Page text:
Tuesday, Nov. 13, 2018
Being bilingual is widely recognized as a necessary skill the world over. For many, that means speaking English in addition to their native language.
Since the founding of the English Language Program at Virginia Commonwealth University in 1989, it has helped hundreds of students enhance these skills. Many have gone on to pursue bachelor’s, master’s or other degrees in the U.S. or their homelands, while others have used their improved English to advance their careers or simply enhance their everyday life.
We recently spoke with several ELP alumni who shared how the program helped them reach their goals. Here’s what they had to say:
Associate ombudsman for the Inter-American Development Bank
The ELP at VCU helped me achieve my professional goal to [pursue] a master’s degree in conflict analysis and resolution. In order to study and succeed in a graduate program, I had to learn how to communicate in an academic environment — ask and answer questions, work in groups, have open discussions, express points of view, etc. In 2008 when I started ELP, I did not have all those skills in English. Through the year, my professors helped me learn to communicate in an environment that was going to be similar to the master’s program. After I finished ELP, I understood that the level of demand from my professors was necessary for me to succeed. I am very grateful for their requirements and challenges.
A long time ago, I set a professional goal for myself, which was to become a nurse in the U.S. I knew that I had to face learning English and studying for the nursing exams. On my first attempt, I failed because I studied English by myself in Brazil. So I decided to take a leave of absence from my job and move to the U.S. for several months to prepare. The ELP at VCU was the best choice to help me improve my English skills and it was crucial for my success in all my professional exams. In the end, I was able to pass all of my exams. Unfortunately, at that time, I wasn’t able to get a job or a sponsor for my visa, so I returned to Brazil. However, I didn’t give up! From there, I kept sending resumes and kept working on my English skills. Finally, after four years of waiting, I returned to the U.S. with the legal permission to work as a nurse. My dream came true. And I am very grateful for all my teachers in ELP and everything that I learned with them.
I think the ELP is a great transition for any international student starting college in the U.S. Especially for those who don’t speak English. I’ve met a lot of students who passed language tests like the [International English Language Testing System] and the [Test of English as a Foreign Language], but they still feel stressed about the language or can't understand their professors in their college classes.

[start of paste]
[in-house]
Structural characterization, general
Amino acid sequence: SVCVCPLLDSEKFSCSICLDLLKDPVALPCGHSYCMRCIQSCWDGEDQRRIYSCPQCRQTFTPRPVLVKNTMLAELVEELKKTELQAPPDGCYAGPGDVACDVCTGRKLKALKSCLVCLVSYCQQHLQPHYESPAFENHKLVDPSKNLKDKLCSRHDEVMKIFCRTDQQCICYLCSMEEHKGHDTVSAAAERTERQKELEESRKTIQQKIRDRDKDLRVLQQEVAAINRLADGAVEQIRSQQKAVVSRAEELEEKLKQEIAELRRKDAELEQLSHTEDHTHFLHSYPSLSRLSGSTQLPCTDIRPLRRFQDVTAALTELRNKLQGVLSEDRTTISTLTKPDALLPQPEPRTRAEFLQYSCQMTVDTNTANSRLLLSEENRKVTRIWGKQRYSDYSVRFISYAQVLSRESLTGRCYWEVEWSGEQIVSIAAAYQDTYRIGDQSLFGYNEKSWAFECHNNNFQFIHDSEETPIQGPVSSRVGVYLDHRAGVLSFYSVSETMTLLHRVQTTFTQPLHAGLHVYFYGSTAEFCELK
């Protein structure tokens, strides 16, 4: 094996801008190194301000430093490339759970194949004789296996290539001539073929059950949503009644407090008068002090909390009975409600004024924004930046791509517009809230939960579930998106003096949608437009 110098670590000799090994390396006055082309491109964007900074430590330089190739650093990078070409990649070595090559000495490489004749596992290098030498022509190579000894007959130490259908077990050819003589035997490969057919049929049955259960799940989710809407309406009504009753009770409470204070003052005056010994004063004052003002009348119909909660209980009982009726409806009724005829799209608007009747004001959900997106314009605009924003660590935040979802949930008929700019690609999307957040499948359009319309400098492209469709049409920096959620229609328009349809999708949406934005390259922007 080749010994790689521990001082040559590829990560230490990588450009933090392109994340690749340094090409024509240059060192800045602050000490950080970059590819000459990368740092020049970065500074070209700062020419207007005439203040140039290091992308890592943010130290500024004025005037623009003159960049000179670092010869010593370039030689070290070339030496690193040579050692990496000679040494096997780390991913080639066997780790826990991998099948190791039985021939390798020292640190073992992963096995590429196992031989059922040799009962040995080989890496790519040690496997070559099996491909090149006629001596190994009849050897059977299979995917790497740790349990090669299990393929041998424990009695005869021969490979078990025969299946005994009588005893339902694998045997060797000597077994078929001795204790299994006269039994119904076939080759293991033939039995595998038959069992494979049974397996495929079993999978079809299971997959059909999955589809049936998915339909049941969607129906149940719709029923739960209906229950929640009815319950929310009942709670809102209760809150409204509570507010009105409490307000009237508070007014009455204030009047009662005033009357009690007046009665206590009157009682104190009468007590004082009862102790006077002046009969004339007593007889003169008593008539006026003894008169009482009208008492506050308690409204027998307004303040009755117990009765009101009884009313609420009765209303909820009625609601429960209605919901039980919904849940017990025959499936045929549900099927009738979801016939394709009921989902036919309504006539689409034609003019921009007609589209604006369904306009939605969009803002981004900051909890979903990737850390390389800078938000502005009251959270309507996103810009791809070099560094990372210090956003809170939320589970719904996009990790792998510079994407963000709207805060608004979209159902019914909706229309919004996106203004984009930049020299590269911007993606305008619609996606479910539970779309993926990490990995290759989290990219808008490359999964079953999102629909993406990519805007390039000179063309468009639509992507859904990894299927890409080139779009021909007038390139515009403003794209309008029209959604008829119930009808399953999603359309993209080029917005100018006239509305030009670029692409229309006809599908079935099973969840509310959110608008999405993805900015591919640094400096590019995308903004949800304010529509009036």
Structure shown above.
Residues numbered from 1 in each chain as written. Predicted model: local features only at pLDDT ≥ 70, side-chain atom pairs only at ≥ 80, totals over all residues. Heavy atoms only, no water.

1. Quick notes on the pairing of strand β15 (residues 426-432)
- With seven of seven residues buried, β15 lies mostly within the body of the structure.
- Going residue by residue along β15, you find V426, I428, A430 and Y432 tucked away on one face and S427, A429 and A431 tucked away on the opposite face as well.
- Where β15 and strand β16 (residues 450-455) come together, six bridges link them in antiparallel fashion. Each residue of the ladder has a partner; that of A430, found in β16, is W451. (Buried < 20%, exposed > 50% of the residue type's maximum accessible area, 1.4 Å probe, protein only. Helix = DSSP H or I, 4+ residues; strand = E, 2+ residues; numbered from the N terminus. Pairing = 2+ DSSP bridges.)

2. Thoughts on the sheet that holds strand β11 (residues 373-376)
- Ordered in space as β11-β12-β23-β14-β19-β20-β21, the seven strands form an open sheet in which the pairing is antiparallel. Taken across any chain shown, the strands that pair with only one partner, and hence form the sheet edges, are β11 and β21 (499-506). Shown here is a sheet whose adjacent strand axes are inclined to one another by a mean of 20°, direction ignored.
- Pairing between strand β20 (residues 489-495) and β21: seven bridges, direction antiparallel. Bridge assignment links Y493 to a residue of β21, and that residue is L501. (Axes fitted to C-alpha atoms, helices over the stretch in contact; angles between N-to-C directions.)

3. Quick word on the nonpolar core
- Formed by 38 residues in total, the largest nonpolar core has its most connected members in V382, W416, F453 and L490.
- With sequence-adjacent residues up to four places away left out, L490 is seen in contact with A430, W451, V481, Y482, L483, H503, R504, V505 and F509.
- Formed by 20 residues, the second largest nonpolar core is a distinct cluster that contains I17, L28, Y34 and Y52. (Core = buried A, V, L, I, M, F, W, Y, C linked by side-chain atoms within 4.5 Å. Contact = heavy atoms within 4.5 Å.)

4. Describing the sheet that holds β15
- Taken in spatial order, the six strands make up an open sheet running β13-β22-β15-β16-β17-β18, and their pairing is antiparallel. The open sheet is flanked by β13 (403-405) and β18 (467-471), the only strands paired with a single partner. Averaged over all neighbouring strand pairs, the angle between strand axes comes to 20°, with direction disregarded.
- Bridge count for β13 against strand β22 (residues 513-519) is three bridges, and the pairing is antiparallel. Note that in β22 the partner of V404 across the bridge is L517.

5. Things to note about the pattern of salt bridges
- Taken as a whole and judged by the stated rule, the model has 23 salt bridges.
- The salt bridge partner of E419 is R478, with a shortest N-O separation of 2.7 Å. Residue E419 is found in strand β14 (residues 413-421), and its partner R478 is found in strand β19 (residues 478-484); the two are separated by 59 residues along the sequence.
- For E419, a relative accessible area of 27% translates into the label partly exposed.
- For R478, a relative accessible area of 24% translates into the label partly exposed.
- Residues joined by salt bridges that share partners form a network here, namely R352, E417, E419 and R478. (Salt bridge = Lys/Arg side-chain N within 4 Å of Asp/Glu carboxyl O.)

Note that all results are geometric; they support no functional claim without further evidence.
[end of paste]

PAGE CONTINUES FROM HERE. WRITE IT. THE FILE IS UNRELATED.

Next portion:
The ELP professors care about their students and try to help them. I feel grateful to the ELP program and my ELP professors. They helped me adjust to college life very quickly and easily. Now I have a bunch of American friends, I’m liked by my professors and I have a job at the VCU Student Media Center. I am president of the Chinese Students and Scholars Association. Besides this, I am also the illustration editor of The Commonwealth Times. I really appreciate those who gave me this chance to make myself better and help more people; the experience at the ELP was definitely the beginning of all of this.
Head of clinical trials at Medical Centre Hospital in Kazakhstan
I am from Kazakhstan, a developing and independent country in Central Asia. My undergraduate degree is in medical care, and I have a master’s degree in public health, both of which were completed in my country in 2004 and 2008, respectively.
In 2013, I received a scholarship from my government to study English at VCU and I studied in the program for six months. Throughout that time the ELP classes helped me to improve my language skills, especially my oral communication skills. After six months of studying in the ELP, I participated in a 10-month internship in health care policy and research at the VCU School of Medicine. Thanks to the ELP, it was easy to take part in lectures, seminars and workshops, because I could easily understand often-complicated concepts and participate in discussions. I even gave a poster presentation in the Global Health Symposium showcase at VCU and received first prize for the “Best Poster – Research.” I am so grateful for the ELP. Not only did the ELP improve my English, but it also opened my mind and increased my knowledge.
Rashawn M. Almshaal
Maintenance planning section head, ExxonMobil Iraq Limited
I have many goals in my life, but the most important goal for me was to become a professional engineer in order to participate in rebuilding my country after several wars destroyed its infrastructure.
During my studies at the ELP, I learned significant lessons that helped me a lot during further stages in my life. After receiving my master’s degree in electrical engineering from VCU, I returned to my country and joined ExxonMobil Iraq Limited. Because of the English level that I had, I was able to deliver my thoughts and presentations smoothly to my foreign colleagues. I got promoted quickly and now I manage a team of 19 employees and I don’t think I will stop here. We can achieve our goals, and our dreams will come true, if we have the tools that we need to succeed. In a modern and open world, an important tool is English communication and I am pleased to have had this tool improved and matured by the ELP. Visit the Global Education Office’s new beta website to see what other ELP alumni have shared about their time in the program.
It’s International Education Week! How are you celebrating? Let us know by using the hashtag #IEWatVCU. For a full list of events happening around campus, visit global.vcu.edu/iew.